Decision making and data gathering seem to be inseparable cohorts like the legendary PB&J (Peanut butter and jelly sandwich). Although peanut butter and jelly do not have to be partnered, together they have endured as a favorite sandwich since its appearance in the Boston School of Cooking magazine in 1901 (Akis, 2014; Chandler, 1901). The golden crusted bread enveloping a room-temperature, gooey, sweet, and peanuty middle brings visions of sheer delight; a veritable comfort food with a presentation that could beat any seasoned veteran of PB&Js. Add the tall glass of cool milk and you will see it delivers a winning combination. Decision making and data gathering will prove to be a winning combination as well, especially with an added bonus of visually enticing presentations.
Types of Data Gathered at the University
First, I researched various data information that had been collected over the span of four to five years. The standard information that seemed to dominate the reports was student preferences and reasons for enrolling in the courses. The reports were presented in typical fashion; bar graphs, plot graphs, and tables with highlighted sections that communicated the quantitative evidence visually with the hopes of helping viewers grasp the message of the results (Booth, Colomb, &Williams, 2008). Nonetheless, not being a statistician, my eyes glossed over with a faraway look when they were first presented via PowerPoint presentations at our annual instructors’ conferences. Other than that, I have never perused them long enough for the results to impact my decision making in a critical and decisive manner; save except for one discovery – the importance of building relationships among my course learners. This is distressing. I adore working for CPD and I wish that I could make an impact in data presentation that would rival (or at least come close to) Hans Rosling’s (2014) visually appealing stats and data performances, like his interactive “Bubble Graph”. See Figure 2.
Alas, as stated, a statistician I am not.
Impacting Culture with Data and Decision Making
To further investigate the types of data collected at CPD and identify the impact of decision making, I conducted a “Learning Culture Audit” (Conner, 2005) of other members of the advisory council. A healthy characteristic of a learning organization is one that solicits and examines customer feedback and then acts on the information gleaned (Conner, 2005; Conner, 2014; Senge, 2006). Further, Spangehl (2012) states, “Quality thinking places tremendous importance on customers, asserting that their needs and wants define what constitutes quality and that contributing to meeting customers’ requirements is the ultimate justification for every activity and process in a quality organization” (p. 33). The pro-learning characteristic that generated 100% agreement among the council member responders was that CPD solicits students’ feedback and actively investigates said feedback with a purpose of including the results in future planning and goal setting. Rather than ignoring the input from past, present, and would-be students, CPD is always trying to improve their connection with its constituents. An unmistakable discovery within the data was that students registered for courses because of ‘word-of-mouth’ and the positive feedback they heard from their fellow co-educators and friends. Thus, a proactive initiative of CPD is to build relationships among faculty and course learners.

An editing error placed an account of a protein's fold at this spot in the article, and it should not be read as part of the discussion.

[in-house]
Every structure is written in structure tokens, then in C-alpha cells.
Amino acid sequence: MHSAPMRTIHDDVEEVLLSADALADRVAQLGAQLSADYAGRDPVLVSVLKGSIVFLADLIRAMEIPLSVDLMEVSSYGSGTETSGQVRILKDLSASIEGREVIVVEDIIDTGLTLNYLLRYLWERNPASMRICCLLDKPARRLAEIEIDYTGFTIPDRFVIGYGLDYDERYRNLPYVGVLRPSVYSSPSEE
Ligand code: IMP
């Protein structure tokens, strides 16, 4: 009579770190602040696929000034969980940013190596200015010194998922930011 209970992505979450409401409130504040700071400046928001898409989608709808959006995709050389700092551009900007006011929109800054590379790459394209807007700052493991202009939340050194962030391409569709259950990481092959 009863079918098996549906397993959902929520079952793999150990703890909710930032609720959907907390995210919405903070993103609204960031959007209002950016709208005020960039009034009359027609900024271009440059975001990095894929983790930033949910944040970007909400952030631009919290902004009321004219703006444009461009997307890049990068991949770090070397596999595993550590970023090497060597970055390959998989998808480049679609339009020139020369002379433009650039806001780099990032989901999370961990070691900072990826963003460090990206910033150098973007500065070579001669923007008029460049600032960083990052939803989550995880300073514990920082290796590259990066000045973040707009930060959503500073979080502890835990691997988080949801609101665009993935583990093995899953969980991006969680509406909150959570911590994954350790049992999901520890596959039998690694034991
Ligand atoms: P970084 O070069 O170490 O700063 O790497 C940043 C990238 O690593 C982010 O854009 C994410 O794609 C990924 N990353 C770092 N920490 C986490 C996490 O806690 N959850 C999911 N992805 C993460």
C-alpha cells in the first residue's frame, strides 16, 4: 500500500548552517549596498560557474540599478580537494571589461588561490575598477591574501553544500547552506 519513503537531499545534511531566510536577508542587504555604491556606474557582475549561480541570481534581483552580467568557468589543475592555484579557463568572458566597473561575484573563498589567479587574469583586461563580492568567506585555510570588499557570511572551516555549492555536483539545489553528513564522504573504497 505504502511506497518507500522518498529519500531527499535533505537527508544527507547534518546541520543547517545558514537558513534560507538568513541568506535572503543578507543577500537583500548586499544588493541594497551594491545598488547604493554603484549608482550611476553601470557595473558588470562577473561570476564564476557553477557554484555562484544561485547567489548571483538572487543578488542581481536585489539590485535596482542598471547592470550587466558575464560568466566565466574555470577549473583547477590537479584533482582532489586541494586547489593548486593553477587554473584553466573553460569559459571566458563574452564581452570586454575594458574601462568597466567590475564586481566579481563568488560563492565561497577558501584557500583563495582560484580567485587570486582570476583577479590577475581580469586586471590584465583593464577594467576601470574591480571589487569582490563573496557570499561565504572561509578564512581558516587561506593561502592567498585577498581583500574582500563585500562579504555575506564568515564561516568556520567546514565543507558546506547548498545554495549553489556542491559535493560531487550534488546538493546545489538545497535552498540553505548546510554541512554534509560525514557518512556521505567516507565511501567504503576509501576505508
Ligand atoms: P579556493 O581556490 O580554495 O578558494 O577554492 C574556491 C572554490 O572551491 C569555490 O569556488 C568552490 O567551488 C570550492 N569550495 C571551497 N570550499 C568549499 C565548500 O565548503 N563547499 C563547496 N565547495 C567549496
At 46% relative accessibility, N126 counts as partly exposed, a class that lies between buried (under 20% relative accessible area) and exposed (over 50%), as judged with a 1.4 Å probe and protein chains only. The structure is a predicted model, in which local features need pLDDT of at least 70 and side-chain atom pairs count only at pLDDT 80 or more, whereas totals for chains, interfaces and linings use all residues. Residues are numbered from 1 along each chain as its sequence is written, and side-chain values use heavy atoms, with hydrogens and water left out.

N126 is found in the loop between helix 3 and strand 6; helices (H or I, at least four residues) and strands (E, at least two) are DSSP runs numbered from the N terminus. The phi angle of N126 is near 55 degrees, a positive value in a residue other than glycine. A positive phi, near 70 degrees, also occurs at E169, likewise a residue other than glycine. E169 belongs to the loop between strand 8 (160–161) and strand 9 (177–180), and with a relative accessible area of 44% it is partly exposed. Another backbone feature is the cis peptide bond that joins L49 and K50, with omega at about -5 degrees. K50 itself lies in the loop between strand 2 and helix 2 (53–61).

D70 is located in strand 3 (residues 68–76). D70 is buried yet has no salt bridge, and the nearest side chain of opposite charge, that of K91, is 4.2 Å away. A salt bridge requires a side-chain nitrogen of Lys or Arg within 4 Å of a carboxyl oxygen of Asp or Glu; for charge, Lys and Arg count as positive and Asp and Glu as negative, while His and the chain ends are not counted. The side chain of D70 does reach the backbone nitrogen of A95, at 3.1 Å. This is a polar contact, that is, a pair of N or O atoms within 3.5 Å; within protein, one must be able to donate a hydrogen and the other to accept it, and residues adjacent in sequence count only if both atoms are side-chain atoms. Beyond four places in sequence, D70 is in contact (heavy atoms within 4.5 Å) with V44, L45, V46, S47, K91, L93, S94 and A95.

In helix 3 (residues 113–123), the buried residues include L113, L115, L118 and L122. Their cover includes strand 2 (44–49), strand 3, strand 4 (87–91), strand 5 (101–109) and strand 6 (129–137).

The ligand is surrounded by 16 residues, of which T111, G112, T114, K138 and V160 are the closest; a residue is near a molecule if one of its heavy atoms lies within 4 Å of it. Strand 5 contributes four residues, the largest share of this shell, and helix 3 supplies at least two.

Thus, through reflection on how data are used for decision making in regards to the culture of learning in my organization, I have come to realize that I also use some of the data to impact my own culture of learning, that being the building of relationships with my CPD students. Thus, CPD’s data presentation was not a total loss for this viewer. I have been inspired to think outside the box and begin to brainstorm on ways that I, as one lone instructor, can impact my students and connect with them causing them to appreciate their learning experience and foster their academic achievement as well. Possibly, an action research project can stem from the present observation and organizational improvement can be a by-product within my organization as well as the organizations that my students will be teaching in.
On the side, I have been visually inspired, I think I will go and have a PBJ now – Or maybe a PBB (Peanut Butter and Bacon sandwich).
Akis, E. (2014, April 2). A passion for PBJ sandwiches: Simple culinary combo triggers tasty memories. The Gazette (Montreal), p. B.2. Retrieved from http://www.lexisnexis.com.library.capella.edu.
Booth, W. C., Colomb, G. G., & Williams, J. M. (2008). The craft of research (3rd ed.) . Chicago, IL: University of Chicago Press. ISBN: 9780226065663.
Chandler, J. D. (1901). The Boston cooking school magazine of culinary science and domestic economics. Boston Cooking-School Magazine, 6, 188.
Conner, M. (2005). Create a learning culture. Fast company’s learn at all levels column. Retrieved from http://www.fastcompany.com/919023/create-learning-culture.
Conner, M. (2014). Introduction to learning culture. Retrieved from http://marciaconner.com/resources/learning-culture/.
Public Domain. (2015). Peanut butter and jelly sandwich clipart. Retrieved from http://www.wpclipart.com/food/meals/sandwich/peanut_butter_and_jelly_sandwich.jpg.html.
Rosling, H. (2014). The joy of stats [Video]. Retrieved from http://www.gapminder.org/.
Senge, P.M. (2006). The fifth discipline: The art & practice of the learning organization. New York, NY: Doubleday.
Spangehl, S. D. (2012). AQIP and accreditation: Improving quality and performance. Planning for Higher Education, 40(3), 29-35. Retrieved from http://search.proquest.com.library.capella.edu/docview/1021195391?accountid=27965.